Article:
SQL Server 2012 on sale … now!
New licensing arrangements may cost you more
That's not quite the fanfare Redmond mustered a decade ago, when its attempts to show it could play with the database big boys meant rather more razzmatazz was summoned up.
Here in Australia, the launch event was pitched as a “Big Data Symposium” rather than an outright SQL Server launch. That gave Microsoft the chance to talk up new features like in-memory computing facility xVelocity, data visualisation tool PowerView and new PowerPivot bits that output more useful data to Excel as the biggest changes end-users will care about.
For DBAs there's SQL Server Data Quality Services and enhancedMaster Data Services to get excited about, plus integration between SQL Server in unfashionable in-house configurations and Microsoft's cloudy SQL Azure http://www.windowsazure.com/en-us/home/features/sql-azure/.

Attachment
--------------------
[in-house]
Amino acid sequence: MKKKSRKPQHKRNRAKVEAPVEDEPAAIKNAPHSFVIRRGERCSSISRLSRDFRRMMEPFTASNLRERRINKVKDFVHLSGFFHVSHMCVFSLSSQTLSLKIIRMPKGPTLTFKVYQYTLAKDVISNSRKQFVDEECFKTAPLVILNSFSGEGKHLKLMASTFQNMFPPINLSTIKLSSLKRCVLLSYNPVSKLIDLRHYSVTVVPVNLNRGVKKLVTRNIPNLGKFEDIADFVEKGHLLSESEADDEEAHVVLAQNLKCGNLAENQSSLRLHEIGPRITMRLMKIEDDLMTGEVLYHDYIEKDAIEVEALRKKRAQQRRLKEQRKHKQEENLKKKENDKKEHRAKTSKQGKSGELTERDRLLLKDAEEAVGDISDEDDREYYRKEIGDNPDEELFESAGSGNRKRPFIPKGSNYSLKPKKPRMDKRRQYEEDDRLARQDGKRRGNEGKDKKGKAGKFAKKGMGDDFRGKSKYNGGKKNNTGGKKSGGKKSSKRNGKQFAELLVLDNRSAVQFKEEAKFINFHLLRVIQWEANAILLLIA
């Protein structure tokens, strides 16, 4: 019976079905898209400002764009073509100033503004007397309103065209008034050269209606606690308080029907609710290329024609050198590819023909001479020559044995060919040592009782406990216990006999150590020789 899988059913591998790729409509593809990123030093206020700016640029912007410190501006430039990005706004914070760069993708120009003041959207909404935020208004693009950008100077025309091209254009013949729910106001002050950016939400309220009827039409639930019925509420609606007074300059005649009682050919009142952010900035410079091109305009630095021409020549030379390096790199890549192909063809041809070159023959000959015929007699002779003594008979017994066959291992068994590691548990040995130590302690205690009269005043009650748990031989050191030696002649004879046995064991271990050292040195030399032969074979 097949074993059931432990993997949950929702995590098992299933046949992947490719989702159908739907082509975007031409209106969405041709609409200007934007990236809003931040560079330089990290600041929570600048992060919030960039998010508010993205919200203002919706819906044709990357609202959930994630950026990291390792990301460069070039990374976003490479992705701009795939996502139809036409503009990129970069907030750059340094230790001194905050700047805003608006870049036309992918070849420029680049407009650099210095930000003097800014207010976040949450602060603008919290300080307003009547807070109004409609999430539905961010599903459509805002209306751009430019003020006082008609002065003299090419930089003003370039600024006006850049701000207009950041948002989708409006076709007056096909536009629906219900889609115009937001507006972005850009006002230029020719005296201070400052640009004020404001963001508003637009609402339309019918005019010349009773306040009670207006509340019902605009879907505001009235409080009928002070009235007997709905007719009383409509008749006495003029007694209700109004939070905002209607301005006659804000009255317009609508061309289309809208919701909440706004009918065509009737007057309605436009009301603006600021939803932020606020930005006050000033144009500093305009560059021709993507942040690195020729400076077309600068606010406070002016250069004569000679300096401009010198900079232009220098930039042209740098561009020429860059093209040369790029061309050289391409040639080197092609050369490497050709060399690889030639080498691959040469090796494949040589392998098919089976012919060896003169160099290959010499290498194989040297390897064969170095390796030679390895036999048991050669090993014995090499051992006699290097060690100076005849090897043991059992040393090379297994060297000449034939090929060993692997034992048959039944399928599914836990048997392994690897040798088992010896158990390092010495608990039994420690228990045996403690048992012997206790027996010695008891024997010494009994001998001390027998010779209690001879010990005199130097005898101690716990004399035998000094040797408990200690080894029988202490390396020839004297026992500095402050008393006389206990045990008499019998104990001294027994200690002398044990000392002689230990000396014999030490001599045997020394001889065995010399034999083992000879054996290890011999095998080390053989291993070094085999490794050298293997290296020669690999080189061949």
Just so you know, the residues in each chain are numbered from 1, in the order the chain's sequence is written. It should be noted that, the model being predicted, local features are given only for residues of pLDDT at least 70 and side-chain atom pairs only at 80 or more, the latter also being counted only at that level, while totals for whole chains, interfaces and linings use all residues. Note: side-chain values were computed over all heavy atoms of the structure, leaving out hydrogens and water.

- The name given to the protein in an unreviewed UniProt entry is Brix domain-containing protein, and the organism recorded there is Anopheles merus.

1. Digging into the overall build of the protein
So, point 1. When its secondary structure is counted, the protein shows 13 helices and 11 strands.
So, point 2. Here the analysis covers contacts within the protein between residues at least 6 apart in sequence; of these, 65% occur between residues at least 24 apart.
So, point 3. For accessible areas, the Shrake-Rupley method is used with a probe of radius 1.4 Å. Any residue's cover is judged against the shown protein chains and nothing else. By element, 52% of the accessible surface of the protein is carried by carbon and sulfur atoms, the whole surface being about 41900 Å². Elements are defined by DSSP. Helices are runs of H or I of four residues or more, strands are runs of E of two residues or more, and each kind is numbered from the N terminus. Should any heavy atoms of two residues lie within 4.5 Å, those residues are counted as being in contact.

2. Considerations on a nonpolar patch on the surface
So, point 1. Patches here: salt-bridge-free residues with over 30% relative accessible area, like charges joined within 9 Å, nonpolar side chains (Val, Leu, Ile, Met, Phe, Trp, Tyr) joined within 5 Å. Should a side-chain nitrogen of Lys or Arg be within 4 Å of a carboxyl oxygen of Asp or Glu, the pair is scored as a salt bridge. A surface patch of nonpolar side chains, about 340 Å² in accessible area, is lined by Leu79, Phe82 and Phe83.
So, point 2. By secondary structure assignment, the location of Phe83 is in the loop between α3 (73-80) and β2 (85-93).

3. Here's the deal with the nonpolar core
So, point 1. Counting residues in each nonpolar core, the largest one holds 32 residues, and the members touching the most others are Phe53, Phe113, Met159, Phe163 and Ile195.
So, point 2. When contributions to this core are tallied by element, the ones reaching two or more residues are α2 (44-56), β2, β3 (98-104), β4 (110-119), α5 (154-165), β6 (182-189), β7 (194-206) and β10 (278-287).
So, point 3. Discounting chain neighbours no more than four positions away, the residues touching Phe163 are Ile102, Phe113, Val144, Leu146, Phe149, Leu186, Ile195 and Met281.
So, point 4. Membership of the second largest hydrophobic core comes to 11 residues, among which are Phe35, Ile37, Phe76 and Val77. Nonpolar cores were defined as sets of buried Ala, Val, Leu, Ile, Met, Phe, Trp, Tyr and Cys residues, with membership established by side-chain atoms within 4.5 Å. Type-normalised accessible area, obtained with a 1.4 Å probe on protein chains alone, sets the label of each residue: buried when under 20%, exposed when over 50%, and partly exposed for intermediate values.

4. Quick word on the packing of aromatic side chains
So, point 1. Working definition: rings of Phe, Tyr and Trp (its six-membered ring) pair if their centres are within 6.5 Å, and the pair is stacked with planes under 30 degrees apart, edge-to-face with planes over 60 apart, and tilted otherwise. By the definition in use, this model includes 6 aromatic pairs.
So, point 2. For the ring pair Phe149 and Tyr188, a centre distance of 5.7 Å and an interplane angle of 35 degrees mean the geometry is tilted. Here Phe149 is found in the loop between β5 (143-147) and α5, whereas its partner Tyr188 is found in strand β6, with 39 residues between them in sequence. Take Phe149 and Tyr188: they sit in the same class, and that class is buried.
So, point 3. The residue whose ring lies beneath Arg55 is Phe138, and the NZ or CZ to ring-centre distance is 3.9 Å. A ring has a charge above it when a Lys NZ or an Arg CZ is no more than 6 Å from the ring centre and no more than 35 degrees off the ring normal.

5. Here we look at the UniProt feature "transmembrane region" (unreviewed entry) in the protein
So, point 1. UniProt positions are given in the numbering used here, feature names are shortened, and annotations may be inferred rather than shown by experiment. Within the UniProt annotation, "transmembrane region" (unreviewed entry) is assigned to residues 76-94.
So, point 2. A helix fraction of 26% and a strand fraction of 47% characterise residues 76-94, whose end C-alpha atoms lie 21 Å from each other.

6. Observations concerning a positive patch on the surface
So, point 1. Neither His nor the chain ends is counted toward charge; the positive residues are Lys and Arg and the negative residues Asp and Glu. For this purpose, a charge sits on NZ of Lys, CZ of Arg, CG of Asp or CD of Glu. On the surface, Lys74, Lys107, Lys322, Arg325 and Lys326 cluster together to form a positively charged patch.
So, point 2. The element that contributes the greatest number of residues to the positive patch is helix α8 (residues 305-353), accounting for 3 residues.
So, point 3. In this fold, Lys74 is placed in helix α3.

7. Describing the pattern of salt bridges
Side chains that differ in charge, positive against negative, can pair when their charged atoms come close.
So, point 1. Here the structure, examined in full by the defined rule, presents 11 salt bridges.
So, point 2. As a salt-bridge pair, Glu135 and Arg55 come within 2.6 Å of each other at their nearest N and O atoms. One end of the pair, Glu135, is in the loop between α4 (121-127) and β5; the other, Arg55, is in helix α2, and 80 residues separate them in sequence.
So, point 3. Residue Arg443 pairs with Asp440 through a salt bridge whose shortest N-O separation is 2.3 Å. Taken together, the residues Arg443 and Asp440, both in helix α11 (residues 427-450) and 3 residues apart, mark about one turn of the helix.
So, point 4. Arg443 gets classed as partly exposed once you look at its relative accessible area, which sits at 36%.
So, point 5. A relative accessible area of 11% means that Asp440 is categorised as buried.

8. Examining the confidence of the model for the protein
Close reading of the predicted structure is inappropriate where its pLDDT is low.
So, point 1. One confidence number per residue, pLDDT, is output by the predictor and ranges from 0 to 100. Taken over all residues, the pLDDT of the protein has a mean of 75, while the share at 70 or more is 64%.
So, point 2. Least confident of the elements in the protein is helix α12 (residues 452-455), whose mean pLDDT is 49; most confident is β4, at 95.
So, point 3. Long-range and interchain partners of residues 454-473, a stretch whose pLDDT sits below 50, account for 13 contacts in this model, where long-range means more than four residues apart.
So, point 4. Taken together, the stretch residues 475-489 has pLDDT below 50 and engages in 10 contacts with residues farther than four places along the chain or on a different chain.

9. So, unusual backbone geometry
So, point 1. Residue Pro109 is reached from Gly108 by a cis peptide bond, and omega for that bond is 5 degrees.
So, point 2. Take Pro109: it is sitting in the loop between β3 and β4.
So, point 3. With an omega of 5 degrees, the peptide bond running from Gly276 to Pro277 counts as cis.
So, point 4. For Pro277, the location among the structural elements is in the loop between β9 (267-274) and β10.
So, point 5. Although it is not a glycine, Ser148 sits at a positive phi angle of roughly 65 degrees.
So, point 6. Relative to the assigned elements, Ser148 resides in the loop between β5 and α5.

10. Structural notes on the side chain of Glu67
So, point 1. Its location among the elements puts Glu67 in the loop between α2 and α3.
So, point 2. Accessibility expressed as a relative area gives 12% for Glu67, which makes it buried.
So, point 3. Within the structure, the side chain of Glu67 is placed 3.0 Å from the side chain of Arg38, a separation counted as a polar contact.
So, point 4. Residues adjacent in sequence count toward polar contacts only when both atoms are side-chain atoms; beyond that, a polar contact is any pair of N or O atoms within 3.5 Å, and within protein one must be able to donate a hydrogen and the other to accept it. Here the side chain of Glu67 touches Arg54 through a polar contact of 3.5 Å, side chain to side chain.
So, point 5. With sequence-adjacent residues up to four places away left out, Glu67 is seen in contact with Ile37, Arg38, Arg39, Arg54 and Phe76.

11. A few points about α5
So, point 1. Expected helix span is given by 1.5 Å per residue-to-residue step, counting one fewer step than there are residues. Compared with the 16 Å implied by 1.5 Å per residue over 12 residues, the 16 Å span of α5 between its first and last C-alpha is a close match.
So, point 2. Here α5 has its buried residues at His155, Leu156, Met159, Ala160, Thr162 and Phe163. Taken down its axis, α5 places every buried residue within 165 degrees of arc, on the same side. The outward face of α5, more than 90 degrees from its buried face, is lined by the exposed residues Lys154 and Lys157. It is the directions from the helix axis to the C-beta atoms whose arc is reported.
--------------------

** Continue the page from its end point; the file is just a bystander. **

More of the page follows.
Perhaps the most contentious feature of the new database is its licensing. Microsoft has introduced three licences:
- Core-based Licensing for Enterprise
- Server + CAL licensing for Business Intelligence
- Choice of core-based licensing or Server + CAL licensing for Standard
Figuring out just which of those licenses applies, especially on virtualised systems, is tough and much speculation suggests that the overall bill for the database will be higher than that for previous versions. At least one consultancy, WARDY IT Solutions, has therefore created a licensing review consulting service. ®
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